An optional graded index layer 430D is provided on the wavelength conversion structure 410D. The graded index layer for 430D may provide an index match to the wavelength conversion structure 410D, which may increase light extraction from the package 400D.

In the packaged LED 400E illustrated in FIG. 8E, a reflector or reflective coating 445 is provided on the distal surface 425B of the secondary lens 425, and a wavelength conversion structure 410E is provided on the side surface 425C of the secondary lens 425. Accordingly, light is extracted through the side surface 425C of the secondary lens 425.

Further embodiments of the invention are illustrated in FIG. 9. As shown therein, an LED package 500 includes an LED chip 100 mounted on a submount 502. A wavelength conversion structure 520 is provided on the LED chip 100 and the submount 502. The wavelength conversion structure 520 is formed, for example, of silicone that is cast in a lens shape. The wavelength conversion structure 520 can be attached to the substrate, for example, using a thin layer of silicone epoxy 512.

The light emitting devices provided according to some embodiments of the invention may be used in many lighting applications. For example, referring to FIG. 10, a lighting panel 600 including a plurality of light emitting devices according to some embodiments of the invention may be used as a backlight for a display such as a liquid crystal display (LCD) 610. As shown in FIG. 10, an LCD 610 may include a lighting panel 600 that is positioned relative to an LCD screen 615 such that light 620 emitted by the lighting panel 600 passes through the LCD screen 615 to provide backlight for the LCD screen 615. The LCD screen 615 includes appropriately arranged shutters and associated filters that are configured to selectively pass/block a selected color of light 620 from the lighting panel 600 to generate a display image. The lighting panel 600 may include a plurality of light emitting devices according to any of the embodiments described herein.

As an additional example, referring to FIG. 11, a lighting panel 600 including a plurality of light emitting devices according to some embodiments of the invention may be used as a lighting panel for a solid state lighting fixture or luminaire 650. Light 655 emitted by the luminaire 650 may be used to illuminate an area and/or an object. Solid state luminaires are described, for example, in U.S. patent application Ser. No. 11/408,648, filed Apr. 21, 2006, entitled Solid State Luminaires for General Illumination, which is assigned to the assignee of the present invention and the disclosure of which is incorporated herein by reference in its entirety.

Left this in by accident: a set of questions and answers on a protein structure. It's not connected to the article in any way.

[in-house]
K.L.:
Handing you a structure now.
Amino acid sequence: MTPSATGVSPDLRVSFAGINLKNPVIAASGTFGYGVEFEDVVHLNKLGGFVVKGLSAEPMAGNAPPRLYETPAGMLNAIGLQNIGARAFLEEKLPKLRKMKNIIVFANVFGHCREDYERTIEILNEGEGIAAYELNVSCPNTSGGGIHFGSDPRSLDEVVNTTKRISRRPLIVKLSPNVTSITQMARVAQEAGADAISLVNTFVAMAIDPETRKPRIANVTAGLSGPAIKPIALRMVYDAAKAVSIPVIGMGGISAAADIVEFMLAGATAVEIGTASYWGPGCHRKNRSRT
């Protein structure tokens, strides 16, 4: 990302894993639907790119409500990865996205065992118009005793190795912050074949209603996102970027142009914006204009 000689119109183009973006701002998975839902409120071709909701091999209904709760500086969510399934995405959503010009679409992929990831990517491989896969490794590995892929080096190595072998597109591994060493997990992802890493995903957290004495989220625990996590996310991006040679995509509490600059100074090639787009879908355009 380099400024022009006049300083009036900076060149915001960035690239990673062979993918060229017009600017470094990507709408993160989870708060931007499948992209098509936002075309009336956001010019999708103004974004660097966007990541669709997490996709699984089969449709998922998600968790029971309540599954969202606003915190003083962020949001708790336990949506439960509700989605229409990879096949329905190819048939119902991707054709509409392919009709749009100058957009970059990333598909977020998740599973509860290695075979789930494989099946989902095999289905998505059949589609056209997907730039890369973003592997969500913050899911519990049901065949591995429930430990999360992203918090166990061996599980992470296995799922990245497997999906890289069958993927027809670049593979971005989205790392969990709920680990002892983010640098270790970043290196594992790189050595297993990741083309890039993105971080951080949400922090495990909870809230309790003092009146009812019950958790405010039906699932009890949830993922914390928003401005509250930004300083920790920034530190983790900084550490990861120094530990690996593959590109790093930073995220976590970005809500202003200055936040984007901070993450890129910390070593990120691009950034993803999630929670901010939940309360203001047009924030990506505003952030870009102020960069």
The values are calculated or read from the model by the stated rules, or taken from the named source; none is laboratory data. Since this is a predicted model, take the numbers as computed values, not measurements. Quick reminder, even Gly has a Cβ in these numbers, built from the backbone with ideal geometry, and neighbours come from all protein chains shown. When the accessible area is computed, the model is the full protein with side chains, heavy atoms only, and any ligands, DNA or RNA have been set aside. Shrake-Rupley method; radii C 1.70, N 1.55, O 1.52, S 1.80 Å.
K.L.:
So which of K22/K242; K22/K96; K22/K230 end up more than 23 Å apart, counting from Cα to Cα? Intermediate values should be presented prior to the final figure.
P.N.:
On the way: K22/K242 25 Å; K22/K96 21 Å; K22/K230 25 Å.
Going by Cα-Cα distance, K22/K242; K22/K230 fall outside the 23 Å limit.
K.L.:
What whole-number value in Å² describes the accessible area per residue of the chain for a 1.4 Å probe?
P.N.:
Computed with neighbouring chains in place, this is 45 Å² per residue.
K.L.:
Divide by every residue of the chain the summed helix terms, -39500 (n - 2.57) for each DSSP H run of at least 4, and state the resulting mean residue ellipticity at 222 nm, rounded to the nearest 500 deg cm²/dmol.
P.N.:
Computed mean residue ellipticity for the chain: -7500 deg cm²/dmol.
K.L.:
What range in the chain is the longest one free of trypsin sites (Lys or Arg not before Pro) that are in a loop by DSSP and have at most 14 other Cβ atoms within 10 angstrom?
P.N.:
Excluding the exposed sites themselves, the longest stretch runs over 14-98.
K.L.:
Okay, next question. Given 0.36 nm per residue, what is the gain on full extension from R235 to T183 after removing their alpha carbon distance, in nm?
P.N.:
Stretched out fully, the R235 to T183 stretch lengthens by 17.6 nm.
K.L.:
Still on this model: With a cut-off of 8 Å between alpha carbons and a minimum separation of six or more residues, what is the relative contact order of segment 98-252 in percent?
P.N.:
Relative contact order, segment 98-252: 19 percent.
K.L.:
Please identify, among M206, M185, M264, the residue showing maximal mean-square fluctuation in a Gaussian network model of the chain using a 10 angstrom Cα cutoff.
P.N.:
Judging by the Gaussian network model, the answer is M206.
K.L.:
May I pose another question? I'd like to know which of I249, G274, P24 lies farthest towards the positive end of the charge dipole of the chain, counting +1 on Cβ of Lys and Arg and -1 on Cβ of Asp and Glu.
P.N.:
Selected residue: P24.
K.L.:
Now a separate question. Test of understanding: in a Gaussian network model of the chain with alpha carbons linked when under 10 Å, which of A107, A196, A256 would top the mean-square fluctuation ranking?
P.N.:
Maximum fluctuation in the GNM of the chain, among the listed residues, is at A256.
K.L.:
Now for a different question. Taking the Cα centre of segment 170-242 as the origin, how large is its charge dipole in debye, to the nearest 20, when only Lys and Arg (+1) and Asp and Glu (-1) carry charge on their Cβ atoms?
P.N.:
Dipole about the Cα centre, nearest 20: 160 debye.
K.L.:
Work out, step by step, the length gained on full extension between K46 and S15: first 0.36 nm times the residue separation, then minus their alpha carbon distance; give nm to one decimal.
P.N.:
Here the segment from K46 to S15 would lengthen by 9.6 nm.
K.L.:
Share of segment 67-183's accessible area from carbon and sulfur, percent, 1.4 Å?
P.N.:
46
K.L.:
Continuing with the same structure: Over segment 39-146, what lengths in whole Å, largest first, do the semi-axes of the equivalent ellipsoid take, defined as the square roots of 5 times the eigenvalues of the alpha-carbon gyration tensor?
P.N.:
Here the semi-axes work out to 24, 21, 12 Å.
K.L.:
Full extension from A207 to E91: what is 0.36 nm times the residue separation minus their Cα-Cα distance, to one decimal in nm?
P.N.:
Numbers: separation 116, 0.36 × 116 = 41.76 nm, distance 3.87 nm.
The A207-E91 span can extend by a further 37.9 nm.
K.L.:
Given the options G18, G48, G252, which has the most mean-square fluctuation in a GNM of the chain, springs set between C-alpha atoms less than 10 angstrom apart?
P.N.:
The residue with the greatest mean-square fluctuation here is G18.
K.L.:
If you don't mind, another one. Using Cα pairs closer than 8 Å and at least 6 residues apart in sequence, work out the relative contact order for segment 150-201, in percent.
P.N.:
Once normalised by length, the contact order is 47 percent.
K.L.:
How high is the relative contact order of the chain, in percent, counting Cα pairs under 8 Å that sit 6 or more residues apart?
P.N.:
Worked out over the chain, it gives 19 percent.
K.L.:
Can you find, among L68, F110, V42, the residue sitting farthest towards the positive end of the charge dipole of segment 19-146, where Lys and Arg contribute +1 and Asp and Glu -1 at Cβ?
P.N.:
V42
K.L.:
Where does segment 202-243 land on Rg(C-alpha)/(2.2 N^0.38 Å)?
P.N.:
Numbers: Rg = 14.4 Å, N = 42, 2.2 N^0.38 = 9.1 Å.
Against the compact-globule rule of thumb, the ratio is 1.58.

Many different embodiments have been disclosed herein, in connection with the above description and the drawings. It will be understood that it would be unduly repetitious and obfuscating to literally describe and illustrate every combination and subcombination of these embodiments. Accordingly, the present specification, including the drawings, shall be construed to constitute a complete written description of all combinations and subcombinations of the embodiments described herein, and of the manner and process of making and using them, and shall support claims to any such combination or subcombination.

In the drawings and specification, there have been disclosed embodiments of the invention and, although specific terms are employed, they are used in a generic and descriptive sense only and not for purposes of limitation, the scope of the invention being set forth in the following claims.

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Classifications
U.S. Classification257/98, 257/E33.001
International ClassificationH01L33/50, H01L33/58
Cooperative ClassificationH01L33/58, H01L33/502, H01L33/501
European ClassificationH01L33/50B, H01L33/58
Legal Events
DateCodeEventDescription
Mar 24, 2008ASAssignment
Owner name: CREE, INC., NORTH CAROLINA